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Small Businesses

Volume 659: debated on Tuesday 30 April 2019

Small businesses are the backbone of our economy, employing over 16 million people, and they make a collective contribution of over £2 trillion. We have provided nearly £5.9 billion of finance to over 82,000 small businesses across the UK. We have also just announced an additional £200 million for innovation for British business.

What discussions has the Minister had with landlords running small businesses about the proposed abolition of section 21 notices? We all want to help renters, but we need to take care that we do not pass new laws that might actually make it harder for vulnerable people to get rented accommodation.

I thank my right hon. Friend for her question. We want both to encourage good landlords to stay in the sector and to make sure that proposals do not impact on supply. The Ministry of Housing, Communities and Local Government will be consulting landlords and looking at similar changes in Scotland. However, I reassure her that we recognise that small landlords, or incidental landlords, may have different requirements and they will therefore be very much part of the consultation.

Will the Minister join me in paying tribute to Snap-on UK Holdings in King’s Lynn in my constituency? It now employs 141 people and has recently won two Queen’s awards for enterprise and international trade. It is currently exporting to France, Poland, Italy and Spain, and it is trying to open up markets in Asia and Africa. What can she do to encourage other businesses in the country to follow Snap-on’s example and boost their exports, boost our economy and create jobs?

I thank my hon. Friend for highlighting the excellent work of Snap-on UK Holdings, which has won a Queen’s award for enterprise. Businesses in North West Norfolk have benefited from 60 start-up loans, totalling nearly £500,000. They also have the growing business fund, which provides grants of up to £500,000 per business, where there is an opportunity to innovate and grow and create jobs.

Small businesses often rely on each other for mutual support; that is certainly the case in my constituency. Will the Minister please explain to her colleagues in the Department for Work and Pensions how detrimental it would be for small businesses and the town centre economy if they relocate 250 jobs out of Merthyr Tydfil town centre as part of their push to centralise jobs and services?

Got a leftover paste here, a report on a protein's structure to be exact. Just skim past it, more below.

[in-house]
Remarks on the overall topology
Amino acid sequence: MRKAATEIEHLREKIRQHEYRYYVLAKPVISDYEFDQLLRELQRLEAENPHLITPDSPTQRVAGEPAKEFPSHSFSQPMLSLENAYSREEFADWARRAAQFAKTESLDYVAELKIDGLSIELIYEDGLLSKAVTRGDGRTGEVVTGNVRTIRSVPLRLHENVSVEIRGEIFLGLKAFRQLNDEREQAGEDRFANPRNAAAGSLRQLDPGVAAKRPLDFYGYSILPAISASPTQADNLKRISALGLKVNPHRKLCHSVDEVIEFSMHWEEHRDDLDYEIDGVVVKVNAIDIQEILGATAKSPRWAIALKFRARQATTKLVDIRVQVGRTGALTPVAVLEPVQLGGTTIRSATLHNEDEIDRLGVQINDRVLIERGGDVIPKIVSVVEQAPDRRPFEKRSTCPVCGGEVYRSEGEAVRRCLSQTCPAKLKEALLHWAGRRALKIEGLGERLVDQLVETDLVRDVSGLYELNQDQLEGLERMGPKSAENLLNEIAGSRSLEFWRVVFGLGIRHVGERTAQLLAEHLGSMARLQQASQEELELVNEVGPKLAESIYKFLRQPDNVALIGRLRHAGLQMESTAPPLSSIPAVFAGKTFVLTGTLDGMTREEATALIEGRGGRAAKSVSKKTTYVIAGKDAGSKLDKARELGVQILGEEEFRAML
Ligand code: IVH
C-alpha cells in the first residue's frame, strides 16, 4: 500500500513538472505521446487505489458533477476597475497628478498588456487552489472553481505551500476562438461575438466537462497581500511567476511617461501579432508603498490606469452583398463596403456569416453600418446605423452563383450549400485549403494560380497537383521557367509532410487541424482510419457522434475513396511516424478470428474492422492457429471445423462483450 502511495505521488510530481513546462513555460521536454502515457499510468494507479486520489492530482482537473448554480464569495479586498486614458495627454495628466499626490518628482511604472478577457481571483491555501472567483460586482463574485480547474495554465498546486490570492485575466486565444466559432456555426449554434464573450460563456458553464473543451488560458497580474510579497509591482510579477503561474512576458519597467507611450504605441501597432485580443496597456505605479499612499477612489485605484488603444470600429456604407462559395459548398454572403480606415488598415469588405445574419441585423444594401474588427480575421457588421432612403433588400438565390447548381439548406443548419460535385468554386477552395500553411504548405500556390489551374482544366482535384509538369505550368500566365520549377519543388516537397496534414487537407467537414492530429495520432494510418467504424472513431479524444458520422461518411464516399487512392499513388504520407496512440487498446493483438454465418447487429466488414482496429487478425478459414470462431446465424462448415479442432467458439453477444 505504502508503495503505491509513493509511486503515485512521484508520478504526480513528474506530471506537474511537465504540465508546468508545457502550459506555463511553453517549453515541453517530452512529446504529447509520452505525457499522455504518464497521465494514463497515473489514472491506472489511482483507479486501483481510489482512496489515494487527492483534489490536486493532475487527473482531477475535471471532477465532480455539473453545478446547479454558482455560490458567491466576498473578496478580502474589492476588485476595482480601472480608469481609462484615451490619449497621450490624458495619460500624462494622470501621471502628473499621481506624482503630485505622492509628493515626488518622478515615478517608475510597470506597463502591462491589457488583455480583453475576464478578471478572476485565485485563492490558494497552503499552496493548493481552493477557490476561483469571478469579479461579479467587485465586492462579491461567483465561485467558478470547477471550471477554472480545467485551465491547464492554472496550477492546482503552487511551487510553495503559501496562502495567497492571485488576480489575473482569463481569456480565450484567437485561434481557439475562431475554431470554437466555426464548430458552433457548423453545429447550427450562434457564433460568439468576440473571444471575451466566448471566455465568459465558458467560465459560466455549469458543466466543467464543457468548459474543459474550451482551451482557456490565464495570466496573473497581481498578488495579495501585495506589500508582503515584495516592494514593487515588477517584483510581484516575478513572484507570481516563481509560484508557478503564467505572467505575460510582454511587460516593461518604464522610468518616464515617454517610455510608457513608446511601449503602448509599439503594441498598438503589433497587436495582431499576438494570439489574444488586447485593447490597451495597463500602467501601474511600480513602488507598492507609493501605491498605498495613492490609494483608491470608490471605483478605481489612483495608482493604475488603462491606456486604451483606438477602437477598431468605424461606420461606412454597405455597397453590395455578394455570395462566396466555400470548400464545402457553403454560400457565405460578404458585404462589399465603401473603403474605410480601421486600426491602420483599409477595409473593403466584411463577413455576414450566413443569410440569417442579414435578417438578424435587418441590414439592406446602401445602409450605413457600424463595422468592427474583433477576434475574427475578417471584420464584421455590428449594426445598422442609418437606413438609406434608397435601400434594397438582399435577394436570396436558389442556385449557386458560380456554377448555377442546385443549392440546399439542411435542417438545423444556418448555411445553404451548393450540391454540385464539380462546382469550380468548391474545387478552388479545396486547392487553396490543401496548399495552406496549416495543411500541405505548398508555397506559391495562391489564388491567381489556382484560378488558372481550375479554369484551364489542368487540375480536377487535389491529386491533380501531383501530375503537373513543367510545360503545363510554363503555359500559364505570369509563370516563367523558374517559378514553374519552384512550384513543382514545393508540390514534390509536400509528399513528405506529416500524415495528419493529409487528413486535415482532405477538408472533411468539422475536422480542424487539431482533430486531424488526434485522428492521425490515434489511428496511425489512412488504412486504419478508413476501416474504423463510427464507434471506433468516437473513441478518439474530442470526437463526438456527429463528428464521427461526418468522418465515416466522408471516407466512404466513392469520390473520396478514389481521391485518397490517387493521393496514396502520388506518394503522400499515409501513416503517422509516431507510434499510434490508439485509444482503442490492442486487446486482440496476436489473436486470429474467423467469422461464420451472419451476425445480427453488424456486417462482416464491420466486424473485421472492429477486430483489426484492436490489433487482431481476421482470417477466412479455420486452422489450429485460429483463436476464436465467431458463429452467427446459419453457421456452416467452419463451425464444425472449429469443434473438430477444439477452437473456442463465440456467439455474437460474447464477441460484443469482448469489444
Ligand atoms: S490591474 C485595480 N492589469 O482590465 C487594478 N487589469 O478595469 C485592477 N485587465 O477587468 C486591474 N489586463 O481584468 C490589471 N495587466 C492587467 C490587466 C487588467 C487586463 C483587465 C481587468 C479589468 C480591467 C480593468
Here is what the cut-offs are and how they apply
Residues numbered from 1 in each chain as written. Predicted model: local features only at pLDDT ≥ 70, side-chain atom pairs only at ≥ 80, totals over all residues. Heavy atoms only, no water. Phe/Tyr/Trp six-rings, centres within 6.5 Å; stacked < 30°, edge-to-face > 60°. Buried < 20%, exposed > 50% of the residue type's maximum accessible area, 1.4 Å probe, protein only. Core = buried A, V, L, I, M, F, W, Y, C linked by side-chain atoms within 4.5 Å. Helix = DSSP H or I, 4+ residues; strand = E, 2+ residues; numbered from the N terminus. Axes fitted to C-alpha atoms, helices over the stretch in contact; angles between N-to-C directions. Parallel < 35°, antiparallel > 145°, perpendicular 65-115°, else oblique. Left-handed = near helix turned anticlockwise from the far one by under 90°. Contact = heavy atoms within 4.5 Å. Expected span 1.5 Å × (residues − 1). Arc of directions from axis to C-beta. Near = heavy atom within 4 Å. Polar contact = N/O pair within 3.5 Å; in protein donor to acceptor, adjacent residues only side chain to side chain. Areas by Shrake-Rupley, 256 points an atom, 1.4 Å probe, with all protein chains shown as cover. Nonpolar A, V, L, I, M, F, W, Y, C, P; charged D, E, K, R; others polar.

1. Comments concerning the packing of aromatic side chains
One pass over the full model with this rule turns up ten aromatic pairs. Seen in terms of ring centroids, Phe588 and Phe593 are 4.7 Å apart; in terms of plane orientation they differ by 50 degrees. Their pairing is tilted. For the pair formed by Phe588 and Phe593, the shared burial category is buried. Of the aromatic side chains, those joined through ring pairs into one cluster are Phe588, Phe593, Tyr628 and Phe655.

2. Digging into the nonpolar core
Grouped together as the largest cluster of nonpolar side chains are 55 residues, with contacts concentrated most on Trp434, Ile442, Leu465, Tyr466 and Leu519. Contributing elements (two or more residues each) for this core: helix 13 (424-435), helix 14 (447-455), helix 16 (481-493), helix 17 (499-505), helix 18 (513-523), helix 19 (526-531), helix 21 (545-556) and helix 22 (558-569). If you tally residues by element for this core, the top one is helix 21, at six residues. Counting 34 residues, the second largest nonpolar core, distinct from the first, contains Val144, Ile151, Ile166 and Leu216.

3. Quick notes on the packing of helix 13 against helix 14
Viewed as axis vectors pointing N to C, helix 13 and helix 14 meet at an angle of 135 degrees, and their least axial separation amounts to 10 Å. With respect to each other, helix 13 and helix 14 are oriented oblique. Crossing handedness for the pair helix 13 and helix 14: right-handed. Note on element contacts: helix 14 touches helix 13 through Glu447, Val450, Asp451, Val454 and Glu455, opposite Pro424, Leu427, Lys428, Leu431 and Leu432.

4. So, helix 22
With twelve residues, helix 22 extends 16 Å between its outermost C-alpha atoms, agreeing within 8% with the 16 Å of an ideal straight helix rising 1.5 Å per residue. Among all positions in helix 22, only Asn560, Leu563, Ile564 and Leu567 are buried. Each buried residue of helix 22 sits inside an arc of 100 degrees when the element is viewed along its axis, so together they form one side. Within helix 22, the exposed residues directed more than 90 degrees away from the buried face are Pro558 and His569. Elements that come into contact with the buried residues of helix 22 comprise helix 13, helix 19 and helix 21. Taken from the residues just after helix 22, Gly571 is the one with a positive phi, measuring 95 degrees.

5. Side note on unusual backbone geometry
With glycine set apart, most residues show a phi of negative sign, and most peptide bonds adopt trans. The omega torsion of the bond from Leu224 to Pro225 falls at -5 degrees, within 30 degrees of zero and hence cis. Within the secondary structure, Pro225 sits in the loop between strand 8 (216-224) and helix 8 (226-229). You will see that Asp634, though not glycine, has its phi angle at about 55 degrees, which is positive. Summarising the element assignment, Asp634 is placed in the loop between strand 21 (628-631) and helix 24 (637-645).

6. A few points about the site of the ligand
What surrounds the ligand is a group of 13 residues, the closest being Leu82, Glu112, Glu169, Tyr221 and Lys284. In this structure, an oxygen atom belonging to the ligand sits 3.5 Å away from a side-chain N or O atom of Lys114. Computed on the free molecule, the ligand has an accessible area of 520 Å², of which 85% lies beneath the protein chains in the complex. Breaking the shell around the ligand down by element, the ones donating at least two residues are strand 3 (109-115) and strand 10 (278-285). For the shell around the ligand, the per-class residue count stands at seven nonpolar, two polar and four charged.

The hon. Gentleman raises an important point about our high streets. Obviously, the Government play an important part in that respect in making decisions that affect our regions. I would like to reassure him about what we are doing for high streets and the retail sector. With the Retail Sector Council, we are looking at business costs and elements around skills and employment on the high street. We remain committed to making sure that our high streets remain the heart of our communities. I will make sure that I do everything in my capacity as Minister to achieve that.

Can the Minister outline any initiatives that are being considered to offset high street rates to encourage businesses to not only trade online but have a presence in local high streets? Some of my constituents have done that, and they have been quite successful.

The hon. Gentleman makes an important point with regard to traditional retail and online sales. I have spoken with the likes of Amazon and eBay, and one thing I have been extremely surprised at is that they have worked with small businesses that have started online but then invested in bricks-and-mortar retail outlets. We need to work to make sure we have a mixed economy, and I have outlined the work we are doing with the Retail Sector Council, particularly looking at business rates and other issues.

I congratulate the Minister on the work she does for small businesses. She will know that one of the major challenges small businesses face is not just with late payments but with getting prompt payments and reasonable terms from bigger businesses. Will she ensure that the Government do all they can to end the scourge of late payment? Will she also ensure that the prompt payment code has some teeth so that it actually does the job it is supposed to?

I thank my hon. Friend for highlighting prompt payment. It is a particular focus within the Department to tackle late payments, which can be very damaging to small businesses. This week, the Chartered Institute of Credit Management has announced that there are 17 businesses that I have removed or suspended from the prompt payment code to make sure that we highlight where bad practice is occurring. We want to bring business with us. We do know that late payments can have a major impact on small businesses, and I therefore stand committed to ensuring that we do all we can as a Government to end this poor practice.

This morning I met Matt Dowling of the Freelancer Club, who adumbrated to me some of the terrible situations that freelancers have faced when trying to be paid, often being coaxed into working for nothing for things like experience. Will the Minister meet me and Mr Dowling to discuss how we might crack down on that?

Absolutely. I reiterate that this Government do not support the culture of poor payments and late payments. The hon. Gentleman is absolutely right to raise the concerns of those in a particular sector who might face trouble getting paid for legitimate work. I would be very happy to meet him and that organisation.